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Miss Peregrine’s World-Weary Children

Miss Peregrine’s Home for Peculiar Children is a story that grew out of old photographs. When author Ransom Riggs approached Quirk Books with his collection of found photos, many of them in sepia tones and featuring odd or surreal subject matter, the publisher suggested he develop a fictional narrative to explain the pictures. The resulting quirky novel was a New York Times bestseller, which has subsequently been translated to film. The book is absorbing, but is also marred by content that doesn’t seem right for its Young Adult audience. Jacob Portman is…

The Sweetness at the Bottom of the Pie

A Great Treat in the Mystery Genre: The Sweetness at the Bottom of the Pie In The Sweetness at the Bottom of the Pie by Alan Bradley you will find a new classic in the mystery genre. From the opening paragraph (no small feat!), Bradley brilliantly weaves a web of murder, privilege, and PTSD around the protagonist and sleuth, eleven-year-old Flavia de Luce. “So,” you may ask, “is she the titular ‘sweetness’ in the story?” Absolutely not. Flavia is not your typical post-war pre-teen Briton. She has a passion for…

Compelling History: Bomb Book Review

Bomb by Steve Sheinkin In Bomb: The Race to Build —And Steal—The World’s Most Dangerous Weapon, Steve Sheinkin introduces young readers to the many plots and subplots involved in the creation of the world’s first nuclear bomb. Extensively researched, Bomb employs primary sources from declassified FBI files to simultaneously tell of Robert Oppenheimer and the Manhattan Project, Soviet espionage, and Allied efforts to sabotage Nazi Germany’s ability to develop the bomb first. Sheinkin weaves together the stories of some of the 20th century’s most famous and notorious figures—the ingenious, courageous,…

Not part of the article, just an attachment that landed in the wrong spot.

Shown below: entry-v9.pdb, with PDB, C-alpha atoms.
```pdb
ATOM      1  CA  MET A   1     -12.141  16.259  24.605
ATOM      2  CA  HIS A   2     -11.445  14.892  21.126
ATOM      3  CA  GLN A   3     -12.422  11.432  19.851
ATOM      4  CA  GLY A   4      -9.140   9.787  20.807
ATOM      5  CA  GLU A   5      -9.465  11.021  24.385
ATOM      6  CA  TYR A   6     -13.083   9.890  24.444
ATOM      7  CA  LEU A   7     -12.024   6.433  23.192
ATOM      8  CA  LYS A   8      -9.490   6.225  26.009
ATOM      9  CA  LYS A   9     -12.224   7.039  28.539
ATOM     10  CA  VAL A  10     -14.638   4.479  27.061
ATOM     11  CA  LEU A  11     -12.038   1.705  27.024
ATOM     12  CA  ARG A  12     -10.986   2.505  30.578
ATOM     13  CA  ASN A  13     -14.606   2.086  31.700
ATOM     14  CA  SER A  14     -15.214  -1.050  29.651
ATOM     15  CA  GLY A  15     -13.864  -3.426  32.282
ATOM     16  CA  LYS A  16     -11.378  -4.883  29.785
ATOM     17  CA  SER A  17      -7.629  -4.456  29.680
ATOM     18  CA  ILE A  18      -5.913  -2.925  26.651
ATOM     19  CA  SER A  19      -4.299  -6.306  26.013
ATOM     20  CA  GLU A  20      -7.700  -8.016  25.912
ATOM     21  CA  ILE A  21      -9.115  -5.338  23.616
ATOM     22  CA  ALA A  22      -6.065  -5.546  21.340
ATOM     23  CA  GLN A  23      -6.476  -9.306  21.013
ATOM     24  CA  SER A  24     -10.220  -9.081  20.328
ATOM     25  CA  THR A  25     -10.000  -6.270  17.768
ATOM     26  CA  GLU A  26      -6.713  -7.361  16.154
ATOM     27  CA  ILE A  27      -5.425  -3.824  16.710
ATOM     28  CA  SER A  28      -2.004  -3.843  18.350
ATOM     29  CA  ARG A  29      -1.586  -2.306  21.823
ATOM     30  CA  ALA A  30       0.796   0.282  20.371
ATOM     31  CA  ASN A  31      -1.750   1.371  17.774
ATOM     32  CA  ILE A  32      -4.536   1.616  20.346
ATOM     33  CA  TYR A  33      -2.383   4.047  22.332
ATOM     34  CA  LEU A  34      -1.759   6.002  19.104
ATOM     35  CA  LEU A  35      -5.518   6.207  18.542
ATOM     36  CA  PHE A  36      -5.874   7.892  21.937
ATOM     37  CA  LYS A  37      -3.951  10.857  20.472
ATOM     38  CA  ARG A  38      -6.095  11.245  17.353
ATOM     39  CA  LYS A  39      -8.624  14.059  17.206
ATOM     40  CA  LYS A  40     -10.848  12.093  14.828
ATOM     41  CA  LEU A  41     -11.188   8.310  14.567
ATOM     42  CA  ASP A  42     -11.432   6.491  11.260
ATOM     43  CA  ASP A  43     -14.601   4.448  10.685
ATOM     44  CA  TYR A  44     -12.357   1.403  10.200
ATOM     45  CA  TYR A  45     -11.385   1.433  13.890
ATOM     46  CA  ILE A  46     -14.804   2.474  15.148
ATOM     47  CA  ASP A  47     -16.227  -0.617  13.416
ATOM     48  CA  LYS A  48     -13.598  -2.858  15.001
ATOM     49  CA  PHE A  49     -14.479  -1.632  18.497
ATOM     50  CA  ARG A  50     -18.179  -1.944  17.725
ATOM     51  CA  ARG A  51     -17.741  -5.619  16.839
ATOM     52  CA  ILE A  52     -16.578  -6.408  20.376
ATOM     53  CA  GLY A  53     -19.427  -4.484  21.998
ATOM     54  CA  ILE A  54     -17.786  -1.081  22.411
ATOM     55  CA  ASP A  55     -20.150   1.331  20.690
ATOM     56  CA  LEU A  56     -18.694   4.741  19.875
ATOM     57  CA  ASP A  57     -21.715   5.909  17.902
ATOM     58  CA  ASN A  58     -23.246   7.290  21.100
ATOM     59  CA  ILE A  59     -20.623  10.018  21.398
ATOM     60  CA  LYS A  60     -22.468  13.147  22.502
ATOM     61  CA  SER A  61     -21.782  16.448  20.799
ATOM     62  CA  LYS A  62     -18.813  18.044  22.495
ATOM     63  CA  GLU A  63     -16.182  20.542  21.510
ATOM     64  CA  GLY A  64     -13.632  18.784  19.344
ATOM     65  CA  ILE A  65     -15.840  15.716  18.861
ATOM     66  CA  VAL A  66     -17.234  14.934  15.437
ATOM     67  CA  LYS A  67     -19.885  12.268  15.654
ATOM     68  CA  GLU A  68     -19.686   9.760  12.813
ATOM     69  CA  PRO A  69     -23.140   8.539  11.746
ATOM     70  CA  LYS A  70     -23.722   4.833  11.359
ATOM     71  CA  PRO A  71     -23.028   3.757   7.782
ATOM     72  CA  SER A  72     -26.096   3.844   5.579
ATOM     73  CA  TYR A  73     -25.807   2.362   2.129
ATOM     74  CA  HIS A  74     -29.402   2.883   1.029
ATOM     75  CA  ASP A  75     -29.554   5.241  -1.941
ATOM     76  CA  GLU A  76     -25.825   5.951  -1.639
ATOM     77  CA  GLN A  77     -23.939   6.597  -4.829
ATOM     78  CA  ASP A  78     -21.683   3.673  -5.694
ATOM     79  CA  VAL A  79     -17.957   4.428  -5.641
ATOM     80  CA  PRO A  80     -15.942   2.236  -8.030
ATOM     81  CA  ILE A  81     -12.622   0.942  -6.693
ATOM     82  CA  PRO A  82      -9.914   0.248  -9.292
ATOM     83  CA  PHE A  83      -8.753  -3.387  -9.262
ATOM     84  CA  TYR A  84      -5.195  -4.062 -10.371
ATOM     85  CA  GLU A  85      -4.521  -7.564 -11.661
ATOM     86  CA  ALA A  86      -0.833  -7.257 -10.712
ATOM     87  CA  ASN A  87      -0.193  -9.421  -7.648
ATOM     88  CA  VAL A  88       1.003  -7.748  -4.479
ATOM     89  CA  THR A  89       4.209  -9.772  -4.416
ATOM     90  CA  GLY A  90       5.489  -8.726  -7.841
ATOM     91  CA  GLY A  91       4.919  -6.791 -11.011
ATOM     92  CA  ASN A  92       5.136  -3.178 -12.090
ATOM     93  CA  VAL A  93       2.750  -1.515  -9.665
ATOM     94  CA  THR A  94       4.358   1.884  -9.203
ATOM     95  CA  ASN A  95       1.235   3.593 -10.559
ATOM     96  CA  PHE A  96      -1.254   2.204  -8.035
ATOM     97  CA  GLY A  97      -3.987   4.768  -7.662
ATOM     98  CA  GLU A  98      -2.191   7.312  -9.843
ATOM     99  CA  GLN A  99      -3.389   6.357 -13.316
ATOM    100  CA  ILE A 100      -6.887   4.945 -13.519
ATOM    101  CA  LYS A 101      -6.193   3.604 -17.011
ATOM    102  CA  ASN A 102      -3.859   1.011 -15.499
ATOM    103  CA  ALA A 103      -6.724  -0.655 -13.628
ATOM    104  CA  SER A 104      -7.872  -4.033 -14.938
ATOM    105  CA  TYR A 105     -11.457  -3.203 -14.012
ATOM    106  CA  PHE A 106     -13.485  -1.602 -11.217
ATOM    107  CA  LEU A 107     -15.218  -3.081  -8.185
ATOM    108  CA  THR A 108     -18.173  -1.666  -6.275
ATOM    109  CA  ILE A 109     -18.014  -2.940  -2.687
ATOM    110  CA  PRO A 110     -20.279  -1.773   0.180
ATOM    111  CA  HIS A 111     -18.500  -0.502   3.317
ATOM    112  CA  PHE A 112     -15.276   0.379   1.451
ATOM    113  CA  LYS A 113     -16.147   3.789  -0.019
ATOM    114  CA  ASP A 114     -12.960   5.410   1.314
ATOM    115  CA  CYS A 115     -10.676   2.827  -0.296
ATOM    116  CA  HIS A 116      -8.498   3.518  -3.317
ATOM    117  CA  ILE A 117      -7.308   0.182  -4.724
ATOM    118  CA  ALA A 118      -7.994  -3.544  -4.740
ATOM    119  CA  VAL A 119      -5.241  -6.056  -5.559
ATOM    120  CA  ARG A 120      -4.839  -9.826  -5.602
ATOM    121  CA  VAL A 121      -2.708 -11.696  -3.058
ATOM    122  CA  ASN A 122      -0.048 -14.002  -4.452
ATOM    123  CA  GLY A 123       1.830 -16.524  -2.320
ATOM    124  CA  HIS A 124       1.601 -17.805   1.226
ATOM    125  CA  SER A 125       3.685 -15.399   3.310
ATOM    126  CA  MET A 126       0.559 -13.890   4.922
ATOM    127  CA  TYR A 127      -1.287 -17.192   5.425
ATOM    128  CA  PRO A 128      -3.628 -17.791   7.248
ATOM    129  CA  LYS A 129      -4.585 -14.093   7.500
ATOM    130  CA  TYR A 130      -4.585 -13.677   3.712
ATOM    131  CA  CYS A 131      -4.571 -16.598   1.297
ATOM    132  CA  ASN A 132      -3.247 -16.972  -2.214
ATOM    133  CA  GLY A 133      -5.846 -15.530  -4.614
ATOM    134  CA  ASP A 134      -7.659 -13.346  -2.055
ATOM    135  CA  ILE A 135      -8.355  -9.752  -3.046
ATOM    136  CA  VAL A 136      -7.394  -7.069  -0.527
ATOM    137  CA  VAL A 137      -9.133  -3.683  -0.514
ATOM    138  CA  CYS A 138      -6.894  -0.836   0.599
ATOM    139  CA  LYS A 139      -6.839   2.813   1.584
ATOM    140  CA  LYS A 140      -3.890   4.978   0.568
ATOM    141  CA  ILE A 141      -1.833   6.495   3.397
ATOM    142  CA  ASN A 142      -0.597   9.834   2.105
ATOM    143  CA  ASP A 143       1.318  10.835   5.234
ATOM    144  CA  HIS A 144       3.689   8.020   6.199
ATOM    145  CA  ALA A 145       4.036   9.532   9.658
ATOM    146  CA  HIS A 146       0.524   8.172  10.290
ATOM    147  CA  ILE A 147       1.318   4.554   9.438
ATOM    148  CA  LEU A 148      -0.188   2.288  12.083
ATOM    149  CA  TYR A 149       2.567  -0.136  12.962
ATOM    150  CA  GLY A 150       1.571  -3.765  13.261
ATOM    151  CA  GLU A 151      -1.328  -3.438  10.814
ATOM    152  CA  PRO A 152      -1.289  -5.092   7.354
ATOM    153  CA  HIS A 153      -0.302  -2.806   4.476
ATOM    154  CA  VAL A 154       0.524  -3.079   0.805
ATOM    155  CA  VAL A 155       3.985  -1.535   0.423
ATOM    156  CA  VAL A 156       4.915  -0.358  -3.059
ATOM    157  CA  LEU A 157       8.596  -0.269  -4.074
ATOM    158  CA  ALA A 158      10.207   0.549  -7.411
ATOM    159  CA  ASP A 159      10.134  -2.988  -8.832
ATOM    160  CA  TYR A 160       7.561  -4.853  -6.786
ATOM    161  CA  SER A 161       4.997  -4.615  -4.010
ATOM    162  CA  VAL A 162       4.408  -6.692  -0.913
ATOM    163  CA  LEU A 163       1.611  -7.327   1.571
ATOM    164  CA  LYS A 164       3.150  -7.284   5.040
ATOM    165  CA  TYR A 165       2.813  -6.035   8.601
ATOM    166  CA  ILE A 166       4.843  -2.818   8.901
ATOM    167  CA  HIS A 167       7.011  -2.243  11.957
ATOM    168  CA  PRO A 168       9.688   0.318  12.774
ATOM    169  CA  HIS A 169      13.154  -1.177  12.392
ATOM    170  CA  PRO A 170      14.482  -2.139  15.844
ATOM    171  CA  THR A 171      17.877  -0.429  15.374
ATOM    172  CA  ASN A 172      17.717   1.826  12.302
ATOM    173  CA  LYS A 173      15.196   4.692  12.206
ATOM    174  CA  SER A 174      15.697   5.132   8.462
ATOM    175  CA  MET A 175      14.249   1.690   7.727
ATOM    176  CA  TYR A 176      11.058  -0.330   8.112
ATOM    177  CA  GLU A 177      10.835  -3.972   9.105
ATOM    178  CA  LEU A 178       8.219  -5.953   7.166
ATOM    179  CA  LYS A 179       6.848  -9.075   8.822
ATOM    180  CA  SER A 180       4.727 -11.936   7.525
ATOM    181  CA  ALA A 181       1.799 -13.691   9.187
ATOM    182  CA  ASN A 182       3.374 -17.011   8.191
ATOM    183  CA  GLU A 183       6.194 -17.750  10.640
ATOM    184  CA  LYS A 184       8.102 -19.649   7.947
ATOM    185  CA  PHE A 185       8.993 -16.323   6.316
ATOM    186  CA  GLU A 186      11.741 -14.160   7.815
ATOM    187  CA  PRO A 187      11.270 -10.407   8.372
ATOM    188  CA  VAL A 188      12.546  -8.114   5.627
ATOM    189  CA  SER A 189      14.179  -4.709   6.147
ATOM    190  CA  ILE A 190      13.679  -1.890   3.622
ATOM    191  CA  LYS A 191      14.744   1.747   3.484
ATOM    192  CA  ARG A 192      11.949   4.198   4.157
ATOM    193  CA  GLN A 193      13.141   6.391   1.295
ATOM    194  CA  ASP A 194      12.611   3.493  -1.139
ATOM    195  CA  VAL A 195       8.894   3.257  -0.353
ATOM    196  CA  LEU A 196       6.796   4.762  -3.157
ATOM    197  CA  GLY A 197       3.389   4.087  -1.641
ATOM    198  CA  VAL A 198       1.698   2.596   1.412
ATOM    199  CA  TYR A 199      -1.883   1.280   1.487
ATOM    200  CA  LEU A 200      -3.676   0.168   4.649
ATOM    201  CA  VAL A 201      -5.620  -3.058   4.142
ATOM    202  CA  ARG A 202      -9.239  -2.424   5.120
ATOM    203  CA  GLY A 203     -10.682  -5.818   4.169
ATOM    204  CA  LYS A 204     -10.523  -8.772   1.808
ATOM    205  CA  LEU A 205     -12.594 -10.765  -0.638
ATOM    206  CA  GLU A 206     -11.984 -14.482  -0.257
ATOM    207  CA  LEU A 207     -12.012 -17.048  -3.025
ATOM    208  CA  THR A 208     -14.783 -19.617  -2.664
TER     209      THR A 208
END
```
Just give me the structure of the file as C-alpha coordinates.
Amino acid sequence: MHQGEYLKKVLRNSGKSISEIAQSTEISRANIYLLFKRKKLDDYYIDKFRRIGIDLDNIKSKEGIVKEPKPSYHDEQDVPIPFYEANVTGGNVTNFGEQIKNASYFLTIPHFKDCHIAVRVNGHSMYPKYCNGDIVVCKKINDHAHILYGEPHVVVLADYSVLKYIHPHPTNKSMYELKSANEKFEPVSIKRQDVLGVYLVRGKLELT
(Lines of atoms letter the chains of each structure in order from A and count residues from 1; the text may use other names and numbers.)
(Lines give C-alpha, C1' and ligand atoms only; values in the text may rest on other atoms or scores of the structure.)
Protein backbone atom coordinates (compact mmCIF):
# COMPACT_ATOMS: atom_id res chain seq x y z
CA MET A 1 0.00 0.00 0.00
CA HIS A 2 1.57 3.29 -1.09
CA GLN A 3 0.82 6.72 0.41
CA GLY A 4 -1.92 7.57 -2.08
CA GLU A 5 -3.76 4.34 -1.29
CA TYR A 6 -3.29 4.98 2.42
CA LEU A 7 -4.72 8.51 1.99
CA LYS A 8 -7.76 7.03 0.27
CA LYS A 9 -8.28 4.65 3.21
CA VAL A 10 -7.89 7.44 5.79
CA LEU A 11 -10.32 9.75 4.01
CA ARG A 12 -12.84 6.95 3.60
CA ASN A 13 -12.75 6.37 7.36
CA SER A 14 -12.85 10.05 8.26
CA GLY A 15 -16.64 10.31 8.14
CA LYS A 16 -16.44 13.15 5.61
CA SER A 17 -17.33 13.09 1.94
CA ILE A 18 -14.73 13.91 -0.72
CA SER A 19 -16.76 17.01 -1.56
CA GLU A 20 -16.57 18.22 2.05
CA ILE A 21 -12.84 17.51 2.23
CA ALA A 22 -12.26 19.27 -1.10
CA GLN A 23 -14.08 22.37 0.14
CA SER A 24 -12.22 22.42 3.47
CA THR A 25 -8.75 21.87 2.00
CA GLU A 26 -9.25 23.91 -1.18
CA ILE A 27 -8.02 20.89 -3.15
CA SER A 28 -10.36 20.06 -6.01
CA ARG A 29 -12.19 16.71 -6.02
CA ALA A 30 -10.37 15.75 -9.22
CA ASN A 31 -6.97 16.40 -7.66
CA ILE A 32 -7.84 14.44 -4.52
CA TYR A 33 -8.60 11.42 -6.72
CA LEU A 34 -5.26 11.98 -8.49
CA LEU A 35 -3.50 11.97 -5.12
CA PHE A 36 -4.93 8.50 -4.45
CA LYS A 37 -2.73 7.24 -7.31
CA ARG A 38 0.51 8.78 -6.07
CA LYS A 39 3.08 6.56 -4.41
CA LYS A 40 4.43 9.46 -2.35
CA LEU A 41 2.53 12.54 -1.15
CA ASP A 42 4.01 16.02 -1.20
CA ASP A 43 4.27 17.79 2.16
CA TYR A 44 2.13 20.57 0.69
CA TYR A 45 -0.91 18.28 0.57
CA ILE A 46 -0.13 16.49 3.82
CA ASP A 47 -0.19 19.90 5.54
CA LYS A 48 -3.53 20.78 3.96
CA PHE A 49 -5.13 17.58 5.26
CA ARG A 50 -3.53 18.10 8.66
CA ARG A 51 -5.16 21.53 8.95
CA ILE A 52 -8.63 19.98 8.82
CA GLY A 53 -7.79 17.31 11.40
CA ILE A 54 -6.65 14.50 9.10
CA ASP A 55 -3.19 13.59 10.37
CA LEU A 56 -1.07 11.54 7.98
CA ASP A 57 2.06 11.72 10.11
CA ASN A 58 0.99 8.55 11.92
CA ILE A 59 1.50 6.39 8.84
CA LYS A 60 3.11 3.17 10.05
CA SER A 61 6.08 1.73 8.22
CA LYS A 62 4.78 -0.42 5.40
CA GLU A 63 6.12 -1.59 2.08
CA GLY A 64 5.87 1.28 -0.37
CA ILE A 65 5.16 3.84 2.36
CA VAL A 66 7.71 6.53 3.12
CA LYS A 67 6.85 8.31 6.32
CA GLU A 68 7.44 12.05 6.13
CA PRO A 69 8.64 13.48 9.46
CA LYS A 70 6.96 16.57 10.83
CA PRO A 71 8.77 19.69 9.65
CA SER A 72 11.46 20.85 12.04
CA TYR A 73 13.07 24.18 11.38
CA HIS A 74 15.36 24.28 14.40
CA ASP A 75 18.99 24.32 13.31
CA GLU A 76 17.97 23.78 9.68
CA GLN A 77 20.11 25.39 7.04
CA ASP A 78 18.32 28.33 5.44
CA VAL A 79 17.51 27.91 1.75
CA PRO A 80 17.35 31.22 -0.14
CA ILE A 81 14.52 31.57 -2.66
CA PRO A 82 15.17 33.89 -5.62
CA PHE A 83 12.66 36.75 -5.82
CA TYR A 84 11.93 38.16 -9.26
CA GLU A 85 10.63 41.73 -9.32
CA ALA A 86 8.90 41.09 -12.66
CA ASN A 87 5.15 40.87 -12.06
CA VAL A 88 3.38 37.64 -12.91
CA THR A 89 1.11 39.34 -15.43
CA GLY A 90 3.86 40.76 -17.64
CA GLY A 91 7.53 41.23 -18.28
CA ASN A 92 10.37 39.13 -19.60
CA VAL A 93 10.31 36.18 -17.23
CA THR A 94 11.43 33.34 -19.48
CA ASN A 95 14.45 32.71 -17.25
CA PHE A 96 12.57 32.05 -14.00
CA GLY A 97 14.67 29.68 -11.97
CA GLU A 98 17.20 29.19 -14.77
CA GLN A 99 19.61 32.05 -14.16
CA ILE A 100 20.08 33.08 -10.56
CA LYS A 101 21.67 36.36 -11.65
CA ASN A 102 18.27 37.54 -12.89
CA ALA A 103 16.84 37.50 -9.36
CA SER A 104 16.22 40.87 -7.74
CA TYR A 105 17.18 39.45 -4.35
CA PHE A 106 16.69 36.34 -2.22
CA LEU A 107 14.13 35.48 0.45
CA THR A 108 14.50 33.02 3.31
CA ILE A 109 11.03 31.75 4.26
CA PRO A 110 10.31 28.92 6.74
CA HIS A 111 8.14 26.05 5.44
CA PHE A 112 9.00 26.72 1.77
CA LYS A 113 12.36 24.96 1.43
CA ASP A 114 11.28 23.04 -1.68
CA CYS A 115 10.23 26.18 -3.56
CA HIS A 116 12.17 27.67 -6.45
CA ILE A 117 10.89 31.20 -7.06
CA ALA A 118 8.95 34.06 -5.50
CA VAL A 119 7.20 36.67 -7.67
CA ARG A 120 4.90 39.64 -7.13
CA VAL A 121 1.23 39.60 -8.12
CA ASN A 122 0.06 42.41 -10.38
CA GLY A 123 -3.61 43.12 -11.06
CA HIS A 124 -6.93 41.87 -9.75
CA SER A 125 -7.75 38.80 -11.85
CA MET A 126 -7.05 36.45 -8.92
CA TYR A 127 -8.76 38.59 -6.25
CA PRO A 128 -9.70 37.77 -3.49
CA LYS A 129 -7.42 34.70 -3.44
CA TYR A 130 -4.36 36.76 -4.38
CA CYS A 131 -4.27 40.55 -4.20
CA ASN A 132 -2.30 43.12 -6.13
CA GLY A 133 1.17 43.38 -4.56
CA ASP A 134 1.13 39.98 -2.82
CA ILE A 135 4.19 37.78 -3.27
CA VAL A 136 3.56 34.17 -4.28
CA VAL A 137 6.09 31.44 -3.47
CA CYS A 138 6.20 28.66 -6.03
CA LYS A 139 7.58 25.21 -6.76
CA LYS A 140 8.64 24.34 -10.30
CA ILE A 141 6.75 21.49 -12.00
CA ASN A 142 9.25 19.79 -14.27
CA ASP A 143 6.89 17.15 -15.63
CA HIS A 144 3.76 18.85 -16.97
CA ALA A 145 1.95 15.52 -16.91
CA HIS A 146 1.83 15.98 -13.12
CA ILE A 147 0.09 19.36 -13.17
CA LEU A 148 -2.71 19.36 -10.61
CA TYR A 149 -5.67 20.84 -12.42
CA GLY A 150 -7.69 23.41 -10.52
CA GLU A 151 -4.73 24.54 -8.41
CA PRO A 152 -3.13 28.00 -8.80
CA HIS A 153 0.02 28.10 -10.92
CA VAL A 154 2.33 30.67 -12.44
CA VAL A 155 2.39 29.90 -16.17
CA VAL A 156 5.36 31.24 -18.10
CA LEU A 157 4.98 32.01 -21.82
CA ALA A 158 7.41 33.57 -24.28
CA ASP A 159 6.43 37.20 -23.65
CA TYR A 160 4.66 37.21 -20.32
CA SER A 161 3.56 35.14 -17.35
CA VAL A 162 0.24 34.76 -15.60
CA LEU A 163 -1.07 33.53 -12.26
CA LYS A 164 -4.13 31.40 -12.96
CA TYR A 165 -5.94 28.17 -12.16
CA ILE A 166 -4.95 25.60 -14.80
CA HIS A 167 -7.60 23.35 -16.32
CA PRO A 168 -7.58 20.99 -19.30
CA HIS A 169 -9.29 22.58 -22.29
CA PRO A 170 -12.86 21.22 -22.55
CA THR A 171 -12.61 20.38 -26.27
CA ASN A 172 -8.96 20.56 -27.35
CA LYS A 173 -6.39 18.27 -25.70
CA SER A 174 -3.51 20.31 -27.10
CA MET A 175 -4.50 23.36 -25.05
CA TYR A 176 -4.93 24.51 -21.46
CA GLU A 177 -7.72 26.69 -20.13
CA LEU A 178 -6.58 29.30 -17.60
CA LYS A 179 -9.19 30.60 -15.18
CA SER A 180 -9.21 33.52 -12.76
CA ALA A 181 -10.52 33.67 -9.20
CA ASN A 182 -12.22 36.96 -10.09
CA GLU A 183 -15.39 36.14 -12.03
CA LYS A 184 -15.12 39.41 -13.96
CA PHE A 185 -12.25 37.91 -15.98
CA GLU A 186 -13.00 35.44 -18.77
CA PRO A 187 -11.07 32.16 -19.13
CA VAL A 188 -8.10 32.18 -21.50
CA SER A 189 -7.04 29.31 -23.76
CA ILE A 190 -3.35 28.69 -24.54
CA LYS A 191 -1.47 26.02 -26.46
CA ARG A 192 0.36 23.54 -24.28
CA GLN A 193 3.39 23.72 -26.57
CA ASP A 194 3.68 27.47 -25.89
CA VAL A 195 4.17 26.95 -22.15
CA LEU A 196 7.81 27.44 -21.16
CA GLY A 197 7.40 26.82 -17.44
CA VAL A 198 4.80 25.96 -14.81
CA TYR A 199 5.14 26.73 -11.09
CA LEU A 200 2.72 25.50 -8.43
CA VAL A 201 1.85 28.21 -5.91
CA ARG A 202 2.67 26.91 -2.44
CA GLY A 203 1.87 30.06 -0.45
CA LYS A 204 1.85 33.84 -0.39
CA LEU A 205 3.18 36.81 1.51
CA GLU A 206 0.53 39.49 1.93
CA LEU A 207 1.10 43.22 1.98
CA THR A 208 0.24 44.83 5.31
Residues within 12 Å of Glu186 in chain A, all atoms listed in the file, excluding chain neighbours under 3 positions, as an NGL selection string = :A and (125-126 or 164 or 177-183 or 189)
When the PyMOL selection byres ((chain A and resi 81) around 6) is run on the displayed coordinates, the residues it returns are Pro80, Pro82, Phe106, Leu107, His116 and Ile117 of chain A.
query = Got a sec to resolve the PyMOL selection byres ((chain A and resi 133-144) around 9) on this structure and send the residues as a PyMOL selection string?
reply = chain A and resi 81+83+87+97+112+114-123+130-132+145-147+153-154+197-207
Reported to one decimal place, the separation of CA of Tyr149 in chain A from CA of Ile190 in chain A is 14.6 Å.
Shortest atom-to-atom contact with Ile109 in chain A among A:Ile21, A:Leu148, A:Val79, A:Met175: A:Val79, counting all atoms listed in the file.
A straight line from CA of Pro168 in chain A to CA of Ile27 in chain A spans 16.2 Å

A Lonely Trip Through the Southern Reach

My very first impression, from the first page of Annihilation, book one of The Southern Reach Trilogy by Jeff Vandermeer, was not far from my last thoughts on the series. What insanity have I just stumbled into? Every reveal seems to bring along numerous other mind-bending doubts or questions about the world Vandermeer has created. The story opens with a group of nameless female explorers beginning their expedition into “Area X”, a mysterious portion of the ordinary world that has somehow, inexplicably become subject to laws all its own. Its…

MacGyver on Mars

The Martian, by Andy Weir, is an entertaining page-turner with an inherently interesting premise and a well-executed plot. Aside from entertainment, the novel’s chief value lies in its celebration of cheerful resourcefulness, and its appreciation of the worth of a single human life. Good in several important ways, the book also lacked some of the depth that its premise might have supported. In a near-future mission to Mars, an accident forces the astronaut crew of the Hermes to leave behind an apparently dead colleague, Mark Watney. As it happens, Mark…

Escaping the Enderverse

All in all, this book has an energy and passionate intensity that endears itself to a wide audience, despite the violence, vulgarity and racial slurs.

The Bad and the Ugly of YA Lit

“The Absolutely True Diary of a Part-Time Indian” has a little bit of the good of contemporary young adult fiction, but way more of the bad and the flat out ugly.

Ready Player One

The pros, in my opinion, far outweigh the cons. The book affirms the value of online social interaction as a step in the right direction if you’re living in a dystopia, but that reality is still best.